A mix of old-timers and some serious celebs, the West Village is a quiet corner of NYC, home to upscale boutiques, cavernous underground bars, and romantic restaurants. It’s a historic part of the city as well, but good luck finding your way around it. The whole grid system kind of breaks down once you cross 6th Ave...
Who lives here: Celebrities, people who scored rent-controlled apartments and never let go, classic New Yorkers, and a smattering of NYU kids
Average one-bedroom rent: $3,700/mo
Bar and restaurant scene: Like almost any other Downtown NYC neighborhood, your drinking and dining options are excellent. Simply consult this and this.
Public transit situation: The West Village is a walkable neighborhood and is bordered by major subway lines. The ones to know are the B,D,F,M,A,C,E at West 4th St or the 1 at Christopher St.
Quote from a resident: “I’ve lived in the West Village for 12 years and I love it... at least during the week. On weekends, the neighborhood swells with folks who pour in and out of bars and restaurants, making it somewhat insufferable for local residents (or at least for me). There are worse problems in the world. And it just means that on weekends, I go and make a stink of another (slightly less crowded) neighborhood. But during the week, the West Village is a great place to hang out, particularly west of 6th Ave.”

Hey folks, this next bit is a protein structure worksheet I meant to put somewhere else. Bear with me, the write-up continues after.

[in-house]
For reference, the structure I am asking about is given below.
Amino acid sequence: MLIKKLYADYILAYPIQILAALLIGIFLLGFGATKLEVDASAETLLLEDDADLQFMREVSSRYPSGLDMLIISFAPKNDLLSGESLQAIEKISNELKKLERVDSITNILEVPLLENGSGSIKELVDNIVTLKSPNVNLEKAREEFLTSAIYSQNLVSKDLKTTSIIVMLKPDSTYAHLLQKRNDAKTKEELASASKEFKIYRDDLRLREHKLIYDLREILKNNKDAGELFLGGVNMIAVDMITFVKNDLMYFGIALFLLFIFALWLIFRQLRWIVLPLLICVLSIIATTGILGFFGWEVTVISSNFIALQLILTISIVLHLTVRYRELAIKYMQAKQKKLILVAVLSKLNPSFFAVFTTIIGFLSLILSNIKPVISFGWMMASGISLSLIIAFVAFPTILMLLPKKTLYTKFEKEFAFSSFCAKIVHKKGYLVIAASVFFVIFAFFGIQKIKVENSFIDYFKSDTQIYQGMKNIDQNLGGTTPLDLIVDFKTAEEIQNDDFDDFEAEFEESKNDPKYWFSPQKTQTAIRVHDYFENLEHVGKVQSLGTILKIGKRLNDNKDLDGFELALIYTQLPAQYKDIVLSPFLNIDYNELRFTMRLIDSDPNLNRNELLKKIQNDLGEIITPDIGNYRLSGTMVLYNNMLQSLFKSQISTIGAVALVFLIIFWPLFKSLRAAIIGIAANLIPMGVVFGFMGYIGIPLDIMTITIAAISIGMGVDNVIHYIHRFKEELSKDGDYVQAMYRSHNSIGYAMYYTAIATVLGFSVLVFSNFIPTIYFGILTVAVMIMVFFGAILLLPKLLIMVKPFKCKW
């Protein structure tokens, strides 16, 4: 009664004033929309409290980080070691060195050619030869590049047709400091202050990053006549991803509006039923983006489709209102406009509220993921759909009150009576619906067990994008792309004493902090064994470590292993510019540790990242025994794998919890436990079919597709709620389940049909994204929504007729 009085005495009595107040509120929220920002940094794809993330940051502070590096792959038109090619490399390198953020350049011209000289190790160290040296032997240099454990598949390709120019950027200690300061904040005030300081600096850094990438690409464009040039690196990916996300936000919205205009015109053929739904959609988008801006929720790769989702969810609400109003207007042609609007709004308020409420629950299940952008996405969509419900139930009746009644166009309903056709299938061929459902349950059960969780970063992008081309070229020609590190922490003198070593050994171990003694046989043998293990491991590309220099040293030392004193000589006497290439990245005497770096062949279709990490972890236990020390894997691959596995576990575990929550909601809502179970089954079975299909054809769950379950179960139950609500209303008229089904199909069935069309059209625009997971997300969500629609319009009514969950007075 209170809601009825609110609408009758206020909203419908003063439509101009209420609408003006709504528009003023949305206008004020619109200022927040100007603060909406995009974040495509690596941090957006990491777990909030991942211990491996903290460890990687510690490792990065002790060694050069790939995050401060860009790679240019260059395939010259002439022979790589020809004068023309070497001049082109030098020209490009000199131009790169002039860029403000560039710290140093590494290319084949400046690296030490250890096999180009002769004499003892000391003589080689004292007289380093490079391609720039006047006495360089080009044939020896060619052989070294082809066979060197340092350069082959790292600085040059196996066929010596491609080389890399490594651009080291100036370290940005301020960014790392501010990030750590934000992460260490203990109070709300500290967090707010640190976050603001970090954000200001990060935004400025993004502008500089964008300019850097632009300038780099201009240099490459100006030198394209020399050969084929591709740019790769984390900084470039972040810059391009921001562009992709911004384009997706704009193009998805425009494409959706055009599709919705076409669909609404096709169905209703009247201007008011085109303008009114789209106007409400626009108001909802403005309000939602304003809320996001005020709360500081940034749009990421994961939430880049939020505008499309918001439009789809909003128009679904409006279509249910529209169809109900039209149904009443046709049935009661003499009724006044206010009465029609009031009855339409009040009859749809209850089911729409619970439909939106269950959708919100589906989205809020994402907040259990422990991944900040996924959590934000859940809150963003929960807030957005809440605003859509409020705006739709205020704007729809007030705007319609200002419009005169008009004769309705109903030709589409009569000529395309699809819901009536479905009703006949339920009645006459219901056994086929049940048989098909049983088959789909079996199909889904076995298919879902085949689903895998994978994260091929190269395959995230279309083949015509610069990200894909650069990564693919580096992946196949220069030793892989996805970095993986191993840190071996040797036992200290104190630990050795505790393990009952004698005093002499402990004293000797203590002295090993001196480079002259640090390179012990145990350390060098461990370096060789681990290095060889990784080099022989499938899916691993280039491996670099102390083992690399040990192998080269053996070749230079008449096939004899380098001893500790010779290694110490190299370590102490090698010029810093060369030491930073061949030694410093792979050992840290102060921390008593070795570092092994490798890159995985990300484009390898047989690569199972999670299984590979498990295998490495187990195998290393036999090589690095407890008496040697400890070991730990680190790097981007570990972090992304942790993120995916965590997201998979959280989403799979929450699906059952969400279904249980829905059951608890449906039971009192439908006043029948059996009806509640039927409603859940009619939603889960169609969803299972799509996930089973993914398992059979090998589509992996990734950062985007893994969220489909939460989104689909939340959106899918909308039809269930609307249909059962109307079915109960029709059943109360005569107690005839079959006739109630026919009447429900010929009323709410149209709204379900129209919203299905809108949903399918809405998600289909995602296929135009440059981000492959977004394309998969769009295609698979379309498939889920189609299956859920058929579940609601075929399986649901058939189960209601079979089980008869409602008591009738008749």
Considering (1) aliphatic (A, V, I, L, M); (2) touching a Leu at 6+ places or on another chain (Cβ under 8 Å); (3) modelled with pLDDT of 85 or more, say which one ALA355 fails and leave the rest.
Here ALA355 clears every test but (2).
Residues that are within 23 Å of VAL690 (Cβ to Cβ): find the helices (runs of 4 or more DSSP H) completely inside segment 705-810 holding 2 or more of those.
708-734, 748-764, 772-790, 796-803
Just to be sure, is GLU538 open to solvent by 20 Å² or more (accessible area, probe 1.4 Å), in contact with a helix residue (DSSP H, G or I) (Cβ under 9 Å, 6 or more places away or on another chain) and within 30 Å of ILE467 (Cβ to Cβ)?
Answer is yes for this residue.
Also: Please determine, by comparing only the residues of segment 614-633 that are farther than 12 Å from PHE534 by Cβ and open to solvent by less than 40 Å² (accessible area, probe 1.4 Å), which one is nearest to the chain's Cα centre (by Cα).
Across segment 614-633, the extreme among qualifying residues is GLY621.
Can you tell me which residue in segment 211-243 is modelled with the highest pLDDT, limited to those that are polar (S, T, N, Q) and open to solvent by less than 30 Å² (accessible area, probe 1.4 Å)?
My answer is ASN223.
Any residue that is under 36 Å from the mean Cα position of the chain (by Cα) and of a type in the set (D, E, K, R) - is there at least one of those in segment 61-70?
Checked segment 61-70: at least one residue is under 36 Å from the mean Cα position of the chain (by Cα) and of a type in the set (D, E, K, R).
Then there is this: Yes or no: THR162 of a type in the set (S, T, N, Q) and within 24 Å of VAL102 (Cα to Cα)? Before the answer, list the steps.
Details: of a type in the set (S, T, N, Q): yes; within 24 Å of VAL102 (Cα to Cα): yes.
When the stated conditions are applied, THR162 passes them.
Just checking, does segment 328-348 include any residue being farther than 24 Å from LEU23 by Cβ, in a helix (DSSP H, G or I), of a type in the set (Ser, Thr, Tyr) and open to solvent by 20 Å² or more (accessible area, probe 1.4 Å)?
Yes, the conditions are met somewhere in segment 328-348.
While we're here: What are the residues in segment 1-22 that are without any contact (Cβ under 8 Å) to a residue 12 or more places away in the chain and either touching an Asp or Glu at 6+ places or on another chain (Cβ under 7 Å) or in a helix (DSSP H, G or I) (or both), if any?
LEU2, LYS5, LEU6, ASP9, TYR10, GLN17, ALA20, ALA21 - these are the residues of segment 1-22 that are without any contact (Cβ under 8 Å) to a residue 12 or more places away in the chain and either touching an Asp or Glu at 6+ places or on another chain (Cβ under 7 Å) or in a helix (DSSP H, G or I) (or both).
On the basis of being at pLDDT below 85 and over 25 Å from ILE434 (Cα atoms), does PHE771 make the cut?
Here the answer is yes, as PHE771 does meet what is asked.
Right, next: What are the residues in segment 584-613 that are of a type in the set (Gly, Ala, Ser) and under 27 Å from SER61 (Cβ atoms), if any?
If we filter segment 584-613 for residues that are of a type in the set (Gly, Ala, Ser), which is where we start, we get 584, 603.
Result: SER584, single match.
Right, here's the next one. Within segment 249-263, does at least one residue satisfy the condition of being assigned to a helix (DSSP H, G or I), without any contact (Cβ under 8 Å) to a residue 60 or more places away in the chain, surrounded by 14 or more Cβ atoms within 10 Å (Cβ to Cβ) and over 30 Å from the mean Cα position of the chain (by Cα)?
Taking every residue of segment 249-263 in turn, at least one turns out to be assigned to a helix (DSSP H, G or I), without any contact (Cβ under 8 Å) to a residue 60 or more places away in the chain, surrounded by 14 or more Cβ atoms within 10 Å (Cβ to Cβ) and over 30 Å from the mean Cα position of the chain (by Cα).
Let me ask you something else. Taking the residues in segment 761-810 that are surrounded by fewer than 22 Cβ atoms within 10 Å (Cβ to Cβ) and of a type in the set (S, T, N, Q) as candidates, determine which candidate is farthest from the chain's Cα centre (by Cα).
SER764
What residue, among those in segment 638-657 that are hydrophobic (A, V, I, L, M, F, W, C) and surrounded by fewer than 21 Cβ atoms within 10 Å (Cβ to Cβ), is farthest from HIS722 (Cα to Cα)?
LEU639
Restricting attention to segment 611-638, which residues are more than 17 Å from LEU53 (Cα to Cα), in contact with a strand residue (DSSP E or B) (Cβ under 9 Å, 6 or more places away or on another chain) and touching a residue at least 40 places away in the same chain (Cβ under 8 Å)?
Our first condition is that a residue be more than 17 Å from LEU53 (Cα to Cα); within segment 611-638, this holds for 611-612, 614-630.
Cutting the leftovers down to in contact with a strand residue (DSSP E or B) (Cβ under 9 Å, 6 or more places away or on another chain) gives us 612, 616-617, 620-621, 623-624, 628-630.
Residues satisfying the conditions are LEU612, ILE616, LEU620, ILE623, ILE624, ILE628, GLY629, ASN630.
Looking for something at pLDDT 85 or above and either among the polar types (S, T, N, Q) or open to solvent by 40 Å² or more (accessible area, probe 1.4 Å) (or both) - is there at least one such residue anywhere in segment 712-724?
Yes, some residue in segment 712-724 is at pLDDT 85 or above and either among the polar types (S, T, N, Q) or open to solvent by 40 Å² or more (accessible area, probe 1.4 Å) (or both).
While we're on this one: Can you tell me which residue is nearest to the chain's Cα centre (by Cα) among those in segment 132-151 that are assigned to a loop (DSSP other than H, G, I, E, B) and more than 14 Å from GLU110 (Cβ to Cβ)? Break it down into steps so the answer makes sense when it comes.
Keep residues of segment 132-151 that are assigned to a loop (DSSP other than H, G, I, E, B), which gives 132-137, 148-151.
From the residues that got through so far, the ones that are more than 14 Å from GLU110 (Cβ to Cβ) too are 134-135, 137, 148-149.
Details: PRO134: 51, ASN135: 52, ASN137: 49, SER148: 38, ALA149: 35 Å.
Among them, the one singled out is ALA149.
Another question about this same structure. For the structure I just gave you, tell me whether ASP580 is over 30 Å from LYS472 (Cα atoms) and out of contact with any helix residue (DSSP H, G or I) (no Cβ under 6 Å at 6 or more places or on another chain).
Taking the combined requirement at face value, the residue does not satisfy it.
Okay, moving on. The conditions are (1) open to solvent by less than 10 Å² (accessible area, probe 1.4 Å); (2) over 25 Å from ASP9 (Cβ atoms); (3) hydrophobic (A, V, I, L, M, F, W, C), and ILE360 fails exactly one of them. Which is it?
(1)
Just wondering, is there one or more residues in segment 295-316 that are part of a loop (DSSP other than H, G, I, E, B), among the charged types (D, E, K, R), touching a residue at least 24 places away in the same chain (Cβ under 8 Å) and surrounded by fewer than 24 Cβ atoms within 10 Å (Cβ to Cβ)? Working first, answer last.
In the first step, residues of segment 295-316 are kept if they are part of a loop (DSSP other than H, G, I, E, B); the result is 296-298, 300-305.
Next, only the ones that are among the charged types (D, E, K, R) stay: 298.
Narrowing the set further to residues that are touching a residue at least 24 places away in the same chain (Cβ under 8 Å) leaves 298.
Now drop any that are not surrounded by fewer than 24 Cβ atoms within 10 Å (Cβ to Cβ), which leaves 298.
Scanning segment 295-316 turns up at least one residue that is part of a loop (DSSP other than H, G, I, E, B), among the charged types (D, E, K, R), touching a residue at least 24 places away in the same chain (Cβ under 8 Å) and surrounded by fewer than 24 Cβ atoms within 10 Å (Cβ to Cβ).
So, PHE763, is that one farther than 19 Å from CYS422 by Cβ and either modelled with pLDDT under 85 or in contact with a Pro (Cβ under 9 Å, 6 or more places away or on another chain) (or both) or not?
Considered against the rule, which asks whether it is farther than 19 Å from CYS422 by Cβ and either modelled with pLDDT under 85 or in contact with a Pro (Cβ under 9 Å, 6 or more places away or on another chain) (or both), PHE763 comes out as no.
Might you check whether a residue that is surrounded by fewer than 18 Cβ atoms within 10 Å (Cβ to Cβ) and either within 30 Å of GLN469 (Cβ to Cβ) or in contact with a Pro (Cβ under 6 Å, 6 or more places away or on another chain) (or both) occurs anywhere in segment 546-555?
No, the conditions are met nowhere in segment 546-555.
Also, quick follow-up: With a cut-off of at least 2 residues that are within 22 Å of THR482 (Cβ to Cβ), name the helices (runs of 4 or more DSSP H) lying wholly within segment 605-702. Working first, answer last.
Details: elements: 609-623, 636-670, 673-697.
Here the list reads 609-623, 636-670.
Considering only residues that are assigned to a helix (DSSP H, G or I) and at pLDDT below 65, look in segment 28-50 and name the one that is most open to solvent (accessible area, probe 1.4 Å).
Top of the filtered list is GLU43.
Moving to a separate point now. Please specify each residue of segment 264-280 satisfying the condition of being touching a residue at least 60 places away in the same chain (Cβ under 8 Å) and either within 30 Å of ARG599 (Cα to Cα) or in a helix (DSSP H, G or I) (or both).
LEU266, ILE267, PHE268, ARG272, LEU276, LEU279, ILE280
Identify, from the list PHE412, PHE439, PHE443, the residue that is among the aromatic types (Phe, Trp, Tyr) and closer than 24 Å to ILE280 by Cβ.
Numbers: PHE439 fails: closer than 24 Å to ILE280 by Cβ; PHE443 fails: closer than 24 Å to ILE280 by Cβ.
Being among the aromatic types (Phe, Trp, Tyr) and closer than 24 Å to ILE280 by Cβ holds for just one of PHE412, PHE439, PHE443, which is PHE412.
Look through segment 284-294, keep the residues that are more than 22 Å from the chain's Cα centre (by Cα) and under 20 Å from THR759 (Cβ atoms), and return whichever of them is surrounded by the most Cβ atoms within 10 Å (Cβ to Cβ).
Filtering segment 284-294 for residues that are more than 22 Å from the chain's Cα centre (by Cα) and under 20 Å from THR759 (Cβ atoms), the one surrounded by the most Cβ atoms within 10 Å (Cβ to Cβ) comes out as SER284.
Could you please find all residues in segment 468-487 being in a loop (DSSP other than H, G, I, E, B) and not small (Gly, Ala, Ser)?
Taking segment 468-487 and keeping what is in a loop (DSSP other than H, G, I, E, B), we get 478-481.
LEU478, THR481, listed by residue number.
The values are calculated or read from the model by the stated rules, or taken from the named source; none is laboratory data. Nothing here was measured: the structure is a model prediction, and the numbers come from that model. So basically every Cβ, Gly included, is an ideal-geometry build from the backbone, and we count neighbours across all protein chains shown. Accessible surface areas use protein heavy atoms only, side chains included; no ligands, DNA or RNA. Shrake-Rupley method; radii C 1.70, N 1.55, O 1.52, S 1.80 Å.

Probably NYC’s most famous/“coolest”/most argued-about neighborhood. You either love it or hate it and if you hate it it’s because you probably wish you could live there. This is where it seems to ALL happen, from restaurants, to bars, to clubs, to galleries, to shopping. Also EVERYONE in this neighborhood seems to be under 40 and attractive. Everyone.
Who lives here: Williamsburg used to be nothing but warehouses and factories, so naturally it was the mothership for starving artists. The artists still live here but they are no longer starving. Today Williamsburg is the birthplace of NYC’s hipster movement, but has given way to new money as high rises, Starbucks, and a soon-to-be-coming Apple Store and Trader Joe’s move right on in. Oh, and there used to be Hassidic Jews, but they’ve moved to South Williamsburg because they can no longer afford to live there. Yay gentrification.
Average one-bedroom rent: $3,230/mo
Bar and restaurant scene: You will make yourself sick trying to eat at or keep up with them all. It’s an ever-changing landscape and usually in a good way. You will want to keep these bookmarked, but by the time you read them about 15 new places will have opened.
Public transit situation: Usually the L train, which means you’re essentially fucked as that’s the subway that the MTA likes to shut down the most. If you live in South Williamsburg, you can also use the J,M,Z but that’s only convenient if you work in Downtown Manhattan or anywhere on 6th Ave.
Quote from a resident: “Williamsburg is just the next victim in New York’s continuous gentrification. During the week you can still enjoy the great bars and restaurants that brought everyone to it in the first place. However, it has become overcrowded and terrible on the weekends. It’s simply another crowded Manhattan neighborhood, only not in Manhattan.”